with thanks to

Tony Eastman

Glen Eastman

Lilla Duignan

Alex Kerr

Shiko Munakata

Junchirō Tanzaki

The Golden Show

Just a little reminder that this Friday 17th May you are invited to The Golden Show private view at Centre Space Gallery from 6pm - 9pm.

Top left: Tony Eastman. Top right: Glen Eastman. Bottom left: Terry Williams. Bottom right: Eleanor Glover.

Top left: Tony Eastman. Top right: Glen Eastman. Bottom left: Terry Williams. Bottom right: Eleanor Glover.

Artists Tony and Glen Eastman will be showing their design projects, sculptures, drawings, paintings, prints and short animated films. The exhibition is to celebrate their 50th Golden Wedding Anniversary. Thirty friends and relatives have been invited to share the gallery space. These artists will be showing prints, ceramics, paintings, photography, sculpture, drawing, jewellery, wood turning, furniture and textiles.

Artists

Tony & Glen Eastman, Eila Goldhahn-Young, Diana Van Loock, David Henderson, Andrew Jelly, Stella Pole, Joe Wilson, Bob Gale, Viv Allbright, Ruth Ander, Ruth Piper, Philip Booth, Dave Pole, Terry Williams, Daphne Hill, Sylvie Duncan, Jan Nesbitt, Martin Reiser, Sarah Penrose, Eleanor Glover, Mog Fry, Philip Walker, Emily Haysom, Onny Thomson, Richard Quarrell, Alex Phillips, Stuart Young, Louis Eastman, Susie Fitzsimmons, Nick Bridson Baker, Dave Morgan-Davis.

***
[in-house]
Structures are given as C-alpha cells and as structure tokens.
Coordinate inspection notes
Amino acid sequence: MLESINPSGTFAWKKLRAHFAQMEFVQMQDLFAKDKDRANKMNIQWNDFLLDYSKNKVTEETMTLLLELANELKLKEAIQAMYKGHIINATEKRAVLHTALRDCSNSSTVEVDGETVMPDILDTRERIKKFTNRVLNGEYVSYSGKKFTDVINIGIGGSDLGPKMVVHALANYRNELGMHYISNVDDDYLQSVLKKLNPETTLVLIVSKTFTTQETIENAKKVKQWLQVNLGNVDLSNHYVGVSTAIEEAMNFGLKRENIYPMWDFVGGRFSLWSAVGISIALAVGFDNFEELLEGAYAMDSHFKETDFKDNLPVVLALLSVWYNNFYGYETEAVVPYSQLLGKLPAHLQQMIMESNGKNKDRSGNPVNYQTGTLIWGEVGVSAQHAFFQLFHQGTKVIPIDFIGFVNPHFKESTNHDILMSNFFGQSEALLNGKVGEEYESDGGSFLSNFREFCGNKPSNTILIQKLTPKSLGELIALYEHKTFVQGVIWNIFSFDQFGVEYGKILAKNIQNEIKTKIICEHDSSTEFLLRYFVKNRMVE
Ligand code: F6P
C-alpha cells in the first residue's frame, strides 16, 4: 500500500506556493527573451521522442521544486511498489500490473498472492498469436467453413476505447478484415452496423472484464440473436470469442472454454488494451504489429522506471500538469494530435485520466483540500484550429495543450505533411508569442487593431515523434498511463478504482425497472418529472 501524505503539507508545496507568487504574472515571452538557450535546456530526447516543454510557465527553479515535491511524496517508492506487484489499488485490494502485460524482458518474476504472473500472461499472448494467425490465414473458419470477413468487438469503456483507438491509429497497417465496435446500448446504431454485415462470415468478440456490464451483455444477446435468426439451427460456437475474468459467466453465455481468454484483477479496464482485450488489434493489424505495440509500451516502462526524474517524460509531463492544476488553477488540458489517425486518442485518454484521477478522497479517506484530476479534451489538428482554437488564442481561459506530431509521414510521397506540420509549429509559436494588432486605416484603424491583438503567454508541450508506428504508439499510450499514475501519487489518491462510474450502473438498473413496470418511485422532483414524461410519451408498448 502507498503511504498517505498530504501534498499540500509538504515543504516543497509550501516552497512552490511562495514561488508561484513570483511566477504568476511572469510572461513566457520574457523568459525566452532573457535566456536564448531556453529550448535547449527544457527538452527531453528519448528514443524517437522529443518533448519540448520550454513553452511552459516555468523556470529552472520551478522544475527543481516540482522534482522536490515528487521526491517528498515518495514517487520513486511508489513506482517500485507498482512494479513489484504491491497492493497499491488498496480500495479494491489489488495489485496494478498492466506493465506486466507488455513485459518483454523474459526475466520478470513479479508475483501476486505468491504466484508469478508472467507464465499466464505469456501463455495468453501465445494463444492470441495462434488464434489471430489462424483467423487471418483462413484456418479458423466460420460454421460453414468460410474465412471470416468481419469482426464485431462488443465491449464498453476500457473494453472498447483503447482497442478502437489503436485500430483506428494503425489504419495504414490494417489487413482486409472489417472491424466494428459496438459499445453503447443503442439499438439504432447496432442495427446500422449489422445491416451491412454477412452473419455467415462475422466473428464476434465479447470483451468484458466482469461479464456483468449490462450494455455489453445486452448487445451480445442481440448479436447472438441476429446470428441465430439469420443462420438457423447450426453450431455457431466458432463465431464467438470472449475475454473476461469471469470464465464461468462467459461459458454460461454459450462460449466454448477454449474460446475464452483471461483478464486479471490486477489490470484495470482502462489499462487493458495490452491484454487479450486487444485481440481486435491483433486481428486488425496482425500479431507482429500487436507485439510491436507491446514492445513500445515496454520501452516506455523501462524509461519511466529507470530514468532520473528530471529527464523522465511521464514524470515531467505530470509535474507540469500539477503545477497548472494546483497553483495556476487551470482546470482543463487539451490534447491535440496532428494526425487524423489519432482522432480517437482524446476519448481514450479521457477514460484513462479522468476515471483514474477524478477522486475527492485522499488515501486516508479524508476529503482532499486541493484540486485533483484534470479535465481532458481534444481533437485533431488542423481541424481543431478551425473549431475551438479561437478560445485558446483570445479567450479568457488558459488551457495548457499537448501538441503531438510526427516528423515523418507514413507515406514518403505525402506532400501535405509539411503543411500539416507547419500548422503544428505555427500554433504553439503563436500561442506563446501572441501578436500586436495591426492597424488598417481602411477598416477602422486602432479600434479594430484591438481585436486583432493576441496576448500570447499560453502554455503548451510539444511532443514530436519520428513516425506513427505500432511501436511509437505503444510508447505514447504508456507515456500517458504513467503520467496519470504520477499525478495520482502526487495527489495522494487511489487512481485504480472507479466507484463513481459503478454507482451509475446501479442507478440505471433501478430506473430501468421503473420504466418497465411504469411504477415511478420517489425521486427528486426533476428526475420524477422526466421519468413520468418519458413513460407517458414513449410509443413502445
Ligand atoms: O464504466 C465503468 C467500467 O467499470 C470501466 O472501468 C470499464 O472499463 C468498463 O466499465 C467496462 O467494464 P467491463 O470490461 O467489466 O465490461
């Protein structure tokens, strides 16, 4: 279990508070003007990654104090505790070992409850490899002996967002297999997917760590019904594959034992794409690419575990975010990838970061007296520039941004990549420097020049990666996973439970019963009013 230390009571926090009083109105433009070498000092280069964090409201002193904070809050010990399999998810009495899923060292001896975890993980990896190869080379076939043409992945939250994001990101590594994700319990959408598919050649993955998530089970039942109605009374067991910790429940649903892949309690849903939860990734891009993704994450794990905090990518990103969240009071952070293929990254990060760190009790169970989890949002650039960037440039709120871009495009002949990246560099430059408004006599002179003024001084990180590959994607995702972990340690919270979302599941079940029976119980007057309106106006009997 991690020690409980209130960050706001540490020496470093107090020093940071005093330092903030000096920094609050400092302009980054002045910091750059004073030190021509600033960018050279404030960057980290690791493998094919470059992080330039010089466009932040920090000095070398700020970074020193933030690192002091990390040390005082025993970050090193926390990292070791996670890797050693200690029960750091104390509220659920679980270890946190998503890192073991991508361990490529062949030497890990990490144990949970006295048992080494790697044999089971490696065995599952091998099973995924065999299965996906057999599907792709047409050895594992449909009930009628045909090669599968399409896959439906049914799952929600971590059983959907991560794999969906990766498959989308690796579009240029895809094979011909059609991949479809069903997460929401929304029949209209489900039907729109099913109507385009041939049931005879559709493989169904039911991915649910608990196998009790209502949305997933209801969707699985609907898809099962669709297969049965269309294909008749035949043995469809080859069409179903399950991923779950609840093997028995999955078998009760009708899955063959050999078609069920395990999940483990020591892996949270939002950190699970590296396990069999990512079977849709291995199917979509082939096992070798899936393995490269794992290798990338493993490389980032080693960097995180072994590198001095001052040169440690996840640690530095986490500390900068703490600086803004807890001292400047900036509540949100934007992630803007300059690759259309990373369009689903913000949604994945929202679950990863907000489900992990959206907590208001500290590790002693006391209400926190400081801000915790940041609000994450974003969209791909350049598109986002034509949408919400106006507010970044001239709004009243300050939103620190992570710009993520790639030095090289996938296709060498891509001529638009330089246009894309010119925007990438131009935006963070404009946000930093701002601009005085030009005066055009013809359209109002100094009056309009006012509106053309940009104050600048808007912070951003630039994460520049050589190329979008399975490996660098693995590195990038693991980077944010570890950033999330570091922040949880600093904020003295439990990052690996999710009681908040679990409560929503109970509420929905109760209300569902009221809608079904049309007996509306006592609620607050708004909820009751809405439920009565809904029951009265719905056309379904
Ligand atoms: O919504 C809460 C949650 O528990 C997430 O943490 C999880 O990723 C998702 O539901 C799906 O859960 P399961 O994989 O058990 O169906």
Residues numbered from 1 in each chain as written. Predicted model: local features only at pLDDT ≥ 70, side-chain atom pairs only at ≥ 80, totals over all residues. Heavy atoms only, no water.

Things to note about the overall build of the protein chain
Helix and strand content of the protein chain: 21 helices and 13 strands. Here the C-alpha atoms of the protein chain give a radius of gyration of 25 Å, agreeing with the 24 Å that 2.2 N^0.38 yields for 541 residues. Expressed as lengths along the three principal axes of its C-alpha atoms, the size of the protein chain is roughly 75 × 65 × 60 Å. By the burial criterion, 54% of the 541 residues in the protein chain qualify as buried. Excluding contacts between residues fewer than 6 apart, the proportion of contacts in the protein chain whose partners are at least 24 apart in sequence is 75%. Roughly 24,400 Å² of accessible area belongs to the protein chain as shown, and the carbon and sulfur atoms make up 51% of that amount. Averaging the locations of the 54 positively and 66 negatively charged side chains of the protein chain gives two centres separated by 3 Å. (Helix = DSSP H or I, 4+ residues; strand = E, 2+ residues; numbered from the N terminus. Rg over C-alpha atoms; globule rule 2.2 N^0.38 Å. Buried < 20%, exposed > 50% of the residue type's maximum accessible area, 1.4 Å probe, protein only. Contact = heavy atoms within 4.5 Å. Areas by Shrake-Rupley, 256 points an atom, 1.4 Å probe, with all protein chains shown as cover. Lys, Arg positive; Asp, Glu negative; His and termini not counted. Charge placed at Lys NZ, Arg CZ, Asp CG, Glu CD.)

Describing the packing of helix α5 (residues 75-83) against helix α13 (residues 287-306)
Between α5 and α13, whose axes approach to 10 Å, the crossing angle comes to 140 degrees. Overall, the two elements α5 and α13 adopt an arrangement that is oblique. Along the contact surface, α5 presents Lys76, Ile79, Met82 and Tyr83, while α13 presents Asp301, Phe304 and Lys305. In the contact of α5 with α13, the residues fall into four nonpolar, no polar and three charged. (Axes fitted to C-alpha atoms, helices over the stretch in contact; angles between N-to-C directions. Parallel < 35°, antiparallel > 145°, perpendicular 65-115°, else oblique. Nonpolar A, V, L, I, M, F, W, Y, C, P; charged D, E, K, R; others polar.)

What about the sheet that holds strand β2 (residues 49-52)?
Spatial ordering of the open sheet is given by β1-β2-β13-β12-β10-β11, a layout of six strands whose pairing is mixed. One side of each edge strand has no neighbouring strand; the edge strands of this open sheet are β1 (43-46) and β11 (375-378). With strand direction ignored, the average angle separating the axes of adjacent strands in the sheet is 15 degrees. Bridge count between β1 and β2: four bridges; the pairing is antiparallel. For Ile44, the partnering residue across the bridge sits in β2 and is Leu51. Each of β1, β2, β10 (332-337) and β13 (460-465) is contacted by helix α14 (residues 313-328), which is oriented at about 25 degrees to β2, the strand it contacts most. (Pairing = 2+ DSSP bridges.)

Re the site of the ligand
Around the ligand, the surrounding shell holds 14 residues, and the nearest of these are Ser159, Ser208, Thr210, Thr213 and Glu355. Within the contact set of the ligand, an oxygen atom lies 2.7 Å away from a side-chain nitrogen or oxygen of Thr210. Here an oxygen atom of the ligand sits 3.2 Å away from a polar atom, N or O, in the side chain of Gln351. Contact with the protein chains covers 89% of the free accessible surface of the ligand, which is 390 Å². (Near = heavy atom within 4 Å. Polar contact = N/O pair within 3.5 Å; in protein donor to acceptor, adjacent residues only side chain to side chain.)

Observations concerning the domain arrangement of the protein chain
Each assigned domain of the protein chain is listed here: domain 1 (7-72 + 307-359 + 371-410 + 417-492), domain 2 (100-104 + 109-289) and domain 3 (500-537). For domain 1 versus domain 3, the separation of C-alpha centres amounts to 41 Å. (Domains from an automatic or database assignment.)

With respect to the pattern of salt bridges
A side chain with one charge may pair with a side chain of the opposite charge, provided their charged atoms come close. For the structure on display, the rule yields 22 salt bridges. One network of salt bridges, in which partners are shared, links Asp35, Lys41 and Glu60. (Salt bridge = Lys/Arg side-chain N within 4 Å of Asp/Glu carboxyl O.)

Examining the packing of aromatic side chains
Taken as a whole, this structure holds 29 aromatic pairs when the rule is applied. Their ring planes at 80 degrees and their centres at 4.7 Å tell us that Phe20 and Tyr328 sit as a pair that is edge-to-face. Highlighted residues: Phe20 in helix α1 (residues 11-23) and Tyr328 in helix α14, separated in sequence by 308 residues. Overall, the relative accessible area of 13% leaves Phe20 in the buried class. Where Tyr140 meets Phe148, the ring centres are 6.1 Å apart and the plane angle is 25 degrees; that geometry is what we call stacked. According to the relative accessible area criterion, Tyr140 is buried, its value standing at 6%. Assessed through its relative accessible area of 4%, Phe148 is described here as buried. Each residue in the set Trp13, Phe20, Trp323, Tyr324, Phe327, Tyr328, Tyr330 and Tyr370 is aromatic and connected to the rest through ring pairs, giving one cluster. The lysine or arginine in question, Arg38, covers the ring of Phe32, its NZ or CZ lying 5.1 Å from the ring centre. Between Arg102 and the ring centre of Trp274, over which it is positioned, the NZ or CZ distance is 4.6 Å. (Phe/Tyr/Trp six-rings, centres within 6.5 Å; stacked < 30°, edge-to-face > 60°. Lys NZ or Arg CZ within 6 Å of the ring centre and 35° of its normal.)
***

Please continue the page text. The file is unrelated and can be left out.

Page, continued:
Close up of my recent project ‘In Praise of Saints’ woodblock prints and shrine. The piece will also be an invitation for you to make your own small offerings.

Close up of my recent project ‘In Praise of Saints’ woodblock prints and shrine. The piece will also be an invitation for you to make your own small offerings.

The Golden Show

May 12th - 22nd 2019

Artists' PV: Friday 17th May 6 - 9pm

Open daily: 11 - 6pm

 

In Praise of Saints

“There’s a powerful saying that we tell each other stories — sometimes we need a story more than food in order to live. They tell us about who we are, what is possible for us, what we might call upon. They also remind us we’re not alone with whatever faces us and that there are resources, both within us and in the larger world and in the unseen world, that may be cooperating with us in our struggle to find a way to deal with challenges.”

Rachel Naomi Remen - On Being with Krista Tippett

Details of carved woodblock for a collection of woodblock prints ‘In Praise of Saints’. Exhibiting at Centre Space Gallery from May 12th 2019.

Details of carved woodblock for a collection of woodblock prints ‘In Praise of Saints’. Exhibiting at Centre Space Gallery from May 12th 2019.

Onbeing